"Raquel" (in a reprinted cyberspace discussion) recalls: "My mother sold me into childhood prostitution at age two for her own drug habit" (179). Again, this could happen in any household, but it is much more likely in poorer households, and in American those with darker skin are more likely to be poor. Raquel did not have privileged parents, like my parents, or like the parents of my peers; her stories are not like my stories. Sistah Vegan authors often reveal a raw pain. They carry the pain of speciesism—of agonizing over the plight of nonhuman animals in animal industries, over stray dogs and cats in dark alleys, over choosing a diet that invariably provokes ridicule—alongside the pain stems from racism.
Sistah Vegan highlights racism's affect on the health of those who are not raised with white privilege. As a child of privilege, I was fed on health foods from a local health-food store and had acres of nearby, safe woods to play in. Authors in Sistah Vegan tell of their struggles with serious ailments, some of which started in childhood, many of which settled into wombs. They have come to see, through healers like Queen Afua, why a diet rooted in whole grains, fruits, and vegetables is a matter of self-preservation, a way of healing bodies harmed by racism—by a lack of available fresh veggies and fruits, and by environments that are sometimes toxic.
Enslaved African-Americans sometimes lived on their master's table-scraps. Ma'at Sincere Earth writes of Soul Food as a continuation of this earlier "scrap diet." She notes that "blood pressure among African-Americans in the United States is the highest in the world. Over eighty percent of all Black people are lactose intolerant and most don't even know it. We have accepted another race's diet for our own. Our bodies are not reacting well" (70). She goes on: "With the problems of blood pressure, diabetes, obesity, and yes, just plain racism," African Americans would do well to rethink dietary traditions, including Soul Food (70). Similarly, Tasha Edwards writes:
When he spoke of being "Free At Last," did our Americanized palates everAs I devoured Sistah Vegan like a bowl of fresh veggies, my blue eyes sometimes read black vernacular as a typo: Melissa Santosa's father said to her, "Here, eat fish, is no meat!" (74). At one point I simply couldn't understand what I was reading. The author, Ma'at Sincere Earth, notes that her poetry came from a place of racial pain and anger. Her writing was as alien to me as Mars—beyond my comprehension. White privilege.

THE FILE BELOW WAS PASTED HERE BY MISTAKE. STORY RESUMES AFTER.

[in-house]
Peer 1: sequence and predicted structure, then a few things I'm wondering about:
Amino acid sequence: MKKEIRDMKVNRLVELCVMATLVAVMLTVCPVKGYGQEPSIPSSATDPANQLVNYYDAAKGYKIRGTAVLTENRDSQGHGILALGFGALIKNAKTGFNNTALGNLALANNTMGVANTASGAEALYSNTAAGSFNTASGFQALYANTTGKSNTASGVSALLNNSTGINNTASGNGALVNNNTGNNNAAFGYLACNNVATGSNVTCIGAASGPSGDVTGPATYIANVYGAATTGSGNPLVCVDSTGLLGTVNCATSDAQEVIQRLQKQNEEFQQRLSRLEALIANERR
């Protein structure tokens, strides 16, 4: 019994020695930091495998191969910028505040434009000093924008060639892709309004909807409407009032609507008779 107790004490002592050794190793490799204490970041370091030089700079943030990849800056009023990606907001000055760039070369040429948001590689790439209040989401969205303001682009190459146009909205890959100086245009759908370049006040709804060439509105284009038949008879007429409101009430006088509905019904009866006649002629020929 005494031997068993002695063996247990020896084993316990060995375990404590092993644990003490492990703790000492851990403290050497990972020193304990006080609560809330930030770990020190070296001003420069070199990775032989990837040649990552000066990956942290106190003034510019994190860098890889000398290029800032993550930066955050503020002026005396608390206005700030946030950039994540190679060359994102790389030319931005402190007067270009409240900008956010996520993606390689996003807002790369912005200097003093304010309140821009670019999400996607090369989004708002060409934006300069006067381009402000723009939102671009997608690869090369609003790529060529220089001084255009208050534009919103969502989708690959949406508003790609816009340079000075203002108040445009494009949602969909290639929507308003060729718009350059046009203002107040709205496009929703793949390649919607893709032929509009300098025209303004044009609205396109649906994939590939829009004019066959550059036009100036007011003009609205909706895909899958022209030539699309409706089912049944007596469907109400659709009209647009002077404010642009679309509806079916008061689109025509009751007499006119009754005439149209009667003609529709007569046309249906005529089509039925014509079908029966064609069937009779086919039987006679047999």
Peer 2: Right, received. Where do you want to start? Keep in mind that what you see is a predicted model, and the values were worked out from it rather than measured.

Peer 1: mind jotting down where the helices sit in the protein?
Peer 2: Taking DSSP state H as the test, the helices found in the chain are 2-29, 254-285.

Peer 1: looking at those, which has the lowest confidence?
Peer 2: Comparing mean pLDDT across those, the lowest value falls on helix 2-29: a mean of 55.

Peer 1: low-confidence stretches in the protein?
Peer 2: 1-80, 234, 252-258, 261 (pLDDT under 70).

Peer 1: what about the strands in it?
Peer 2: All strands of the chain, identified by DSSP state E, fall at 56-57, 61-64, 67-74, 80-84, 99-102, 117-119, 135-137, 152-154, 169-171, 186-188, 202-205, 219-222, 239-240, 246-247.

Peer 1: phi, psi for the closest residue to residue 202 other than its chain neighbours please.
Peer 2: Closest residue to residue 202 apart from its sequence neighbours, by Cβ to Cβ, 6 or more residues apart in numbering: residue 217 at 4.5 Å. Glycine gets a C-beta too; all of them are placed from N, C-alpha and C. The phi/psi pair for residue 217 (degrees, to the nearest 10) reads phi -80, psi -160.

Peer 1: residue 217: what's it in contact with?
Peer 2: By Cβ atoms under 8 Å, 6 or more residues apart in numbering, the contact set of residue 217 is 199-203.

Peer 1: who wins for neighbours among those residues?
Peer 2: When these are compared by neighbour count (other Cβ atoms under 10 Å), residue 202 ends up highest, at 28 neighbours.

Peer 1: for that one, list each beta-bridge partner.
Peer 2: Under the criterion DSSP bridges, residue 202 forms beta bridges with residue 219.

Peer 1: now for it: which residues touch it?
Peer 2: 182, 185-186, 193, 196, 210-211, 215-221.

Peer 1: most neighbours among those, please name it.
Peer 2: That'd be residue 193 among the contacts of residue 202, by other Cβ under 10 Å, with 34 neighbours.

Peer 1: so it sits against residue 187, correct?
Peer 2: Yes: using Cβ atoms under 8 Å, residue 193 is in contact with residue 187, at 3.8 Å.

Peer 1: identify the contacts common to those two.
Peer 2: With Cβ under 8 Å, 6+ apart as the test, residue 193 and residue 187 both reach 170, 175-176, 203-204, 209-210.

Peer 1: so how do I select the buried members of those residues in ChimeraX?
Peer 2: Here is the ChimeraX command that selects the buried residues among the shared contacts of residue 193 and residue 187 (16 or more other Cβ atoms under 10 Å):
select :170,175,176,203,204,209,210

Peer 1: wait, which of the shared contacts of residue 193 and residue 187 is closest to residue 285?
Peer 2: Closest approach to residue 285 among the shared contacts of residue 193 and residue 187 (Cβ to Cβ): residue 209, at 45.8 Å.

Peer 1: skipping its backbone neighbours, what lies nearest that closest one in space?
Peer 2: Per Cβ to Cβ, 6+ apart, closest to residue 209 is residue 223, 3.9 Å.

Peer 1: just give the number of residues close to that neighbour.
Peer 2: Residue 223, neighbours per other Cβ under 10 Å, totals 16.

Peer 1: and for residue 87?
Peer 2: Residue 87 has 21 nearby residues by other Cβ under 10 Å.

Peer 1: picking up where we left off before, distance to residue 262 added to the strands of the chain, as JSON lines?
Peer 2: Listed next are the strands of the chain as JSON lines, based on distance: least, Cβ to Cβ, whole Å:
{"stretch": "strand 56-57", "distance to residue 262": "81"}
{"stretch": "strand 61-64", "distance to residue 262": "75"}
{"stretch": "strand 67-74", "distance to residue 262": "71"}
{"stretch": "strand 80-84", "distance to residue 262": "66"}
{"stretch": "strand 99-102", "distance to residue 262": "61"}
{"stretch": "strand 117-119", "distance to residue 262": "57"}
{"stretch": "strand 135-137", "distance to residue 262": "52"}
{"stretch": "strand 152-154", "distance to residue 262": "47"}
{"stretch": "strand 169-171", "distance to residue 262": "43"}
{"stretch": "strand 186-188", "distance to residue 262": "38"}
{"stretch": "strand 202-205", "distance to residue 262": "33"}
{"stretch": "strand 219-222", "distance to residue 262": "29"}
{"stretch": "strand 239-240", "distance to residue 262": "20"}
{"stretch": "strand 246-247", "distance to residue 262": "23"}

Come up for discussion?
Was Anybody rushing to say "We Shall Overcome Cancer and Obesity"
Or are we still holding on to our story about how "Massuah" fed us the scraps
And that's all we know how to eat? (83)
Veganism cultivates an attention to minute details of food ingredients, clothing labels, and how the things you consume are produced. This mindfulness leads to the deeper investigation of all things you consume, not only as to their material content but also the conditions in which the products are manufactured, their ecological impact, and the standard of living they create for all those on the chain of raw material, manufacturing, selling, buying, and disposing. . . .Adama Maweja ponders why "the rich get richer and the poor get poorer" (127). She notes that the rich are "making all of the products being distributed throughout the African diaspora" (127). The truth is yet worse: The rich get richer while the poor get heart attacks, obesity, and cancers.
Veganism has spawned my interest in antiglobalization, antiviolence, organic agrictulrure, voluntary simplicity, and faith systems indigenous to West Africa and South Asia. (75)
How many of my ancestors
Were treated like today's farm animals?
How many of us look the other way?
When I hear of calves
Being taken from their mothers
To be sold as veal
I can hear the wailing voices of mothers
Crying for their babies
As the slave master takes them away
The mother cow breastfeeds the human race
My ancestors breastfed the white race
So when I look into those stunned eyes today,
No one could have said to me,
"What's the big deal?" "It's just an animal."
I could have remembered a time
When someone might have said the same about me.